Cyber Monday will probably be the biggest online shopping day of the year, however, it may fall short of the final tally in 2020.
The news comes from an Adobe ADBE,
Forecasts predicted between $10.2 billion and $11.3 billion after sales of $10.8 billion last year.
The forecast comes after Black Friday sales fell from last year, ending 2020 at $8.9 billion after sales of $9.0 billion. Sales on Thanksgiving Day were flat at $5.1 billion.
Black Friday e-commerce sales expected to reach $9 billion, even as the power of major shopping days falls
Adobe attributed the decline to strong sales at the start of the season. From November 1 to November 28, retailers increased purchases by $99.1 billion, up 13.6% year-on-year.
“On big shopping days like Thanksgiving and Black Friday, online sales are declining for the first time in history,” Taylor Schreiner, director of Adobe Digital Insights, said in a statement.
“With 21 days in November spending over $3 billion, what we know [is] Cyber Week is starting to look like Cyber Month.
Another new development is the fall in Cyber Monday promotions. The television is still the best deal, according to Adobe, with about 16% off, although prices were down 19% last year.
Supply chain problems persist, with Adobe reporting that there was a 16% increase in out-of-stock messages compared to the weekends of November 20 and November 21, but that shelves weren’t as empty as expected.
“Speaking with customers, I would say that expectations were very low and there was a feeling that the stores were in better shape than anticipated,” David Ritter, managing director of the consumer and retail group at Alvarez & Marsal, said in a statement. Alvarez & Marsal is a professional-services consulting firm.
“There were some categories that seemed to be in worse shape than others — electronics, pets, and apparel all had significant out-of-stock in select stores.”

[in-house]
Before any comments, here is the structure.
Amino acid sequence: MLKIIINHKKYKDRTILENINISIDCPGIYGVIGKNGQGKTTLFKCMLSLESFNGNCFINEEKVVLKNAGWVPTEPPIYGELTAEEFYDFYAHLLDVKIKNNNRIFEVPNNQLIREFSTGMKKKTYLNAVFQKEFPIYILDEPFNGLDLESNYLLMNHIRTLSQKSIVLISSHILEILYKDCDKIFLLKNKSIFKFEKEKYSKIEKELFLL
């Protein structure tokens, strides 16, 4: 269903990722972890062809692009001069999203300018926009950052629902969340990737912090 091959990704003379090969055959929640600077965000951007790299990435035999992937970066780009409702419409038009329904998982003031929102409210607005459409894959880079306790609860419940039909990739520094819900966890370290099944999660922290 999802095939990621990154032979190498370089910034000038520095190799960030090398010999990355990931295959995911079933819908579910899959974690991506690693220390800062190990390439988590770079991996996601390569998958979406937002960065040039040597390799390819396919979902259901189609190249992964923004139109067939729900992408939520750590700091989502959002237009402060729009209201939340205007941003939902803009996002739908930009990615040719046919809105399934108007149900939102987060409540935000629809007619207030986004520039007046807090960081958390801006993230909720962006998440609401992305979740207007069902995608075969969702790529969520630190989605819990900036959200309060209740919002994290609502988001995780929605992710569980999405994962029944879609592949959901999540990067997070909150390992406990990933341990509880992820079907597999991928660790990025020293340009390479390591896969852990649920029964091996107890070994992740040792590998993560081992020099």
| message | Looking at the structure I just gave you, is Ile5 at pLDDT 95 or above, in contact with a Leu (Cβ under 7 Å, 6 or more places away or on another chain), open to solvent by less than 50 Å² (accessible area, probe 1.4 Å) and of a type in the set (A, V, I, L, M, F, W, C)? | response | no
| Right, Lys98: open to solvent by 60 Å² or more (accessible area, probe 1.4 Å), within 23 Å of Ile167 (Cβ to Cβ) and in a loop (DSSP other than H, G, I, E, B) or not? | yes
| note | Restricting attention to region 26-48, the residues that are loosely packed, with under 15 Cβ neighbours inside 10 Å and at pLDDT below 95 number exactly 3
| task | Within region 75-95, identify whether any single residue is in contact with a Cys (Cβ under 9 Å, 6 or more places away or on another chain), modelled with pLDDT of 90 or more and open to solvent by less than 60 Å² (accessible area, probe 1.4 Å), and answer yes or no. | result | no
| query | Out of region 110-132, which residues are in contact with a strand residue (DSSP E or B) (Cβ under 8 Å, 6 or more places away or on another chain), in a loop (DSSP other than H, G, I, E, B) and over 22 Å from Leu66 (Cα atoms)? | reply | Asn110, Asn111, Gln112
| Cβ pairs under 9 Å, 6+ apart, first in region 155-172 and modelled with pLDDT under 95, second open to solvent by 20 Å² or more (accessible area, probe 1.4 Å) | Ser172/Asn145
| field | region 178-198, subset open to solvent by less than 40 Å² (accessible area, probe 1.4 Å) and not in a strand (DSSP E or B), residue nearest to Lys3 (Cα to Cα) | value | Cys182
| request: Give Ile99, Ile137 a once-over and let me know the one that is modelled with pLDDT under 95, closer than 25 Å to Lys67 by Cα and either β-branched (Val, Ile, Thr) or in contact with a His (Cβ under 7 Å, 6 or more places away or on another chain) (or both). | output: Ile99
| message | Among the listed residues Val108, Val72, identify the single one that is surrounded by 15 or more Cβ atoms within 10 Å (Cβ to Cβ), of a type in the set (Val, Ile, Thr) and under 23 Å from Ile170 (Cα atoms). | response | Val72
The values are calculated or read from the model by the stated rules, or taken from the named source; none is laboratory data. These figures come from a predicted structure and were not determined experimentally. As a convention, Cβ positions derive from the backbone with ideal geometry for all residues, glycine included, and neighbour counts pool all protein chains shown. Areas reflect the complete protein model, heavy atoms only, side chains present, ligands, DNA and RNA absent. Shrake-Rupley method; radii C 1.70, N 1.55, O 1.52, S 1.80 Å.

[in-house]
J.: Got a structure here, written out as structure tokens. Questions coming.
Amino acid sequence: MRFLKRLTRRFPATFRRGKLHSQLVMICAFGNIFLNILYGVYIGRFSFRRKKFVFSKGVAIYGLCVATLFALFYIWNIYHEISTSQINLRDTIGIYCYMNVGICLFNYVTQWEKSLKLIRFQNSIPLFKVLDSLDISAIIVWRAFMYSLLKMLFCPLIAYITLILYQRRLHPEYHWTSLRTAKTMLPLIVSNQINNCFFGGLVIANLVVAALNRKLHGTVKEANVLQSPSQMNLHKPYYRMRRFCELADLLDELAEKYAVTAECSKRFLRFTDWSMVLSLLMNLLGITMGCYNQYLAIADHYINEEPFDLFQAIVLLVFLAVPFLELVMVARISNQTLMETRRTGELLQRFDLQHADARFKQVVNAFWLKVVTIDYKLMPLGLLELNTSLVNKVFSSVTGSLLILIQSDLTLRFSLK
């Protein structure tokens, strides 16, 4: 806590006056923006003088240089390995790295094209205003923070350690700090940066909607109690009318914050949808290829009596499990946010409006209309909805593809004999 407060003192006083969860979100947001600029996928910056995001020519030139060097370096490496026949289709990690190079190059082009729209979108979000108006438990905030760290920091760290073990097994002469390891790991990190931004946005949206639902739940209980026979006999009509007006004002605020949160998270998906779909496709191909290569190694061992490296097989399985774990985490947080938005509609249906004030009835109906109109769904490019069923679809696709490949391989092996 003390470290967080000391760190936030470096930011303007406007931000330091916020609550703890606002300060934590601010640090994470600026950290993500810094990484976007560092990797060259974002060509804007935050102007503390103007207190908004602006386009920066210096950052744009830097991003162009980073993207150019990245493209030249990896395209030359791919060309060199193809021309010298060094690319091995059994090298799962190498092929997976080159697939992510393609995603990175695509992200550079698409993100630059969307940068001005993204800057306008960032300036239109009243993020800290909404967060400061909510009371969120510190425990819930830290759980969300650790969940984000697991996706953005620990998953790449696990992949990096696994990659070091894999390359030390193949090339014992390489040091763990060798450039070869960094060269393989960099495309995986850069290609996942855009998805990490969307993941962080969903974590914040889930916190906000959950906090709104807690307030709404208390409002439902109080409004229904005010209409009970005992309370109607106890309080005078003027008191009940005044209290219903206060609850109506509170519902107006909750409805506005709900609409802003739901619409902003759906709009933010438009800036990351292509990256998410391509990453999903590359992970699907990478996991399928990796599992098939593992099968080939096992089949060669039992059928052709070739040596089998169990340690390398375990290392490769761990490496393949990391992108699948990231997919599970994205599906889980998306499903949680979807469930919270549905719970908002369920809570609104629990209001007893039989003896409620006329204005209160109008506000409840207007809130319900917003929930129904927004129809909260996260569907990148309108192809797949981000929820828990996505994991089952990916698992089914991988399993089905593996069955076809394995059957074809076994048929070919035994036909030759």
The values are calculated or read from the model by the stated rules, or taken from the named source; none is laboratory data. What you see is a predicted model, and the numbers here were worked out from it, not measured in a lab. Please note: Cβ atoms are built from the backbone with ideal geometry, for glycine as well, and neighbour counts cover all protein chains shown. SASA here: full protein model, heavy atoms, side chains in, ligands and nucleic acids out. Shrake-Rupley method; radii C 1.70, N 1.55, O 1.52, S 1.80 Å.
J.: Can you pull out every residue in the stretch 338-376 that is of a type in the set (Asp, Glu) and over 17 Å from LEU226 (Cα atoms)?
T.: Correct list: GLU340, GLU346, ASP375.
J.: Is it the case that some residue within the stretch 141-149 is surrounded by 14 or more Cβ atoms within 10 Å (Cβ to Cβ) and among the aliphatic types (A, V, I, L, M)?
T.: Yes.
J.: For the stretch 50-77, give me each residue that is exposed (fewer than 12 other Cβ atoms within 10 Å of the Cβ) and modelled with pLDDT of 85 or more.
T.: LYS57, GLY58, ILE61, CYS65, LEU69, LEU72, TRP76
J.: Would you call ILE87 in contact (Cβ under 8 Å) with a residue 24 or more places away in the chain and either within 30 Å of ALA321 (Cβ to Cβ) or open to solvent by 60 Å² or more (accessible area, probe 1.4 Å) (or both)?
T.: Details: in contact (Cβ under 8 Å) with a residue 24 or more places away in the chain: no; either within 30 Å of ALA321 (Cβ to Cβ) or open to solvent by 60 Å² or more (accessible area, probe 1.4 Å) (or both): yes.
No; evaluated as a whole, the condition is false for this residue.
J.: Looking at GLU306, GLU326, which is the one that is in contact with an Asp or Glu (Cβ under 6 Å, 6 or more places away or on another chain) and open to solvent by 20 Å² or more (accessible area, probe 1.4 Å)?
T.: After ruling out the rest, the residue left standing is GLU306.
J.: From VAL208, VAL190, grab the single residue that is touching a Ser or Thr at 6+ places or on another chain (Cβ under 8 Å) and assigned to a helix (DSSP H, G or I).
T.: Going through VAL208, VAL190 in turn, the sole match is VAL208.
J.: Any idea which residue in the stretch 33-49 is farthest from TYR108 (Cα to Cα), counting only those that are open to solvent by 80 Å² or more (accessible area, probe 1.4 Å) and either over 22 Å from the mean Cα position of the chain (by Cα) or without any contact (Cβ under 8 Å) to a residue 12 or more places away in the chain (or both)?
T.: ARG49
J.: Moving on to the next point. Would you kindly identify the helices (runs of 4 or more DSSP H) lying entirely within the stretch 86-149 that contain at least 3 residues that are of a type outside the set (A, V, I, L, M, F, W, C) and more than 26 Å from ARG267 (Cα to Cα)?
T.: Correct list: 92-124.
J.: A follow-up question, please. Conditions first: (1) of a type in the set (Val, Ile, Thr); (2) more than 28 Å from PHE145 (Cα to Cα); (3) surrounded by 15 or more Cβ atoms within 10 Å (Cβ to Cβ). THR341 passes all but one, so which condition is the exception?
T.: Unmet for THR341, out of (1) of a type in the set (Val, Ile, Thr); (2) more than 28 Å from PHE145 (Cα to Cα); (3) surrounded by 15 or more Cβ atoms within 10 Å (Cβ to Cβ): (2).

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Even if things weren’t as bad over the weekend as Ritter suggested, customers should get the items on their list early.
“An interesting note – at several stores I visited employees indicated that all product was pushed to the floor in a ‘get it while we have it’ approach that would come later in the holiday season on issues that would arise.” may indicate,” Ritter said. ,
Sensormatic Solutions data found that visits to stores were still down 28.3% compared to 2019, although shoppers were turning back to brick-and-mortar in an effort to address problems that could arise from having orders delivered. She was
Brian Field, Senior Director of Global Retail Consulting, Sensormatic Solutions, said in a statement, “One driver of this increased traffic could be supply chain challenges and shipping delays, resulting in consumers buying to ensure their gifts are on time. Have to do it.” , Sensormatic Solutions is part of Johnson Controls JCI,
Which focuses on safety, sustainability, automation and more in buildings.
Fields expects customers to use a full range of services, including shop-online-pick-up-in-store, to receive gifts under the tree by December 25.
On November 27 and 28, use of buy-online-pickup-in-store services was down 10% from the previous year, “a sign that consumers are feeling more confident about their spending capabilities,” Adobe noted. did.
SPDR S&P Retail ETF XRT,
For the year so far about 52% is gone. Amplify Online Retail ETF IBUY,
down 10.7%. and the S&P 500 Index SPX,
An increase of 23.5% for the period.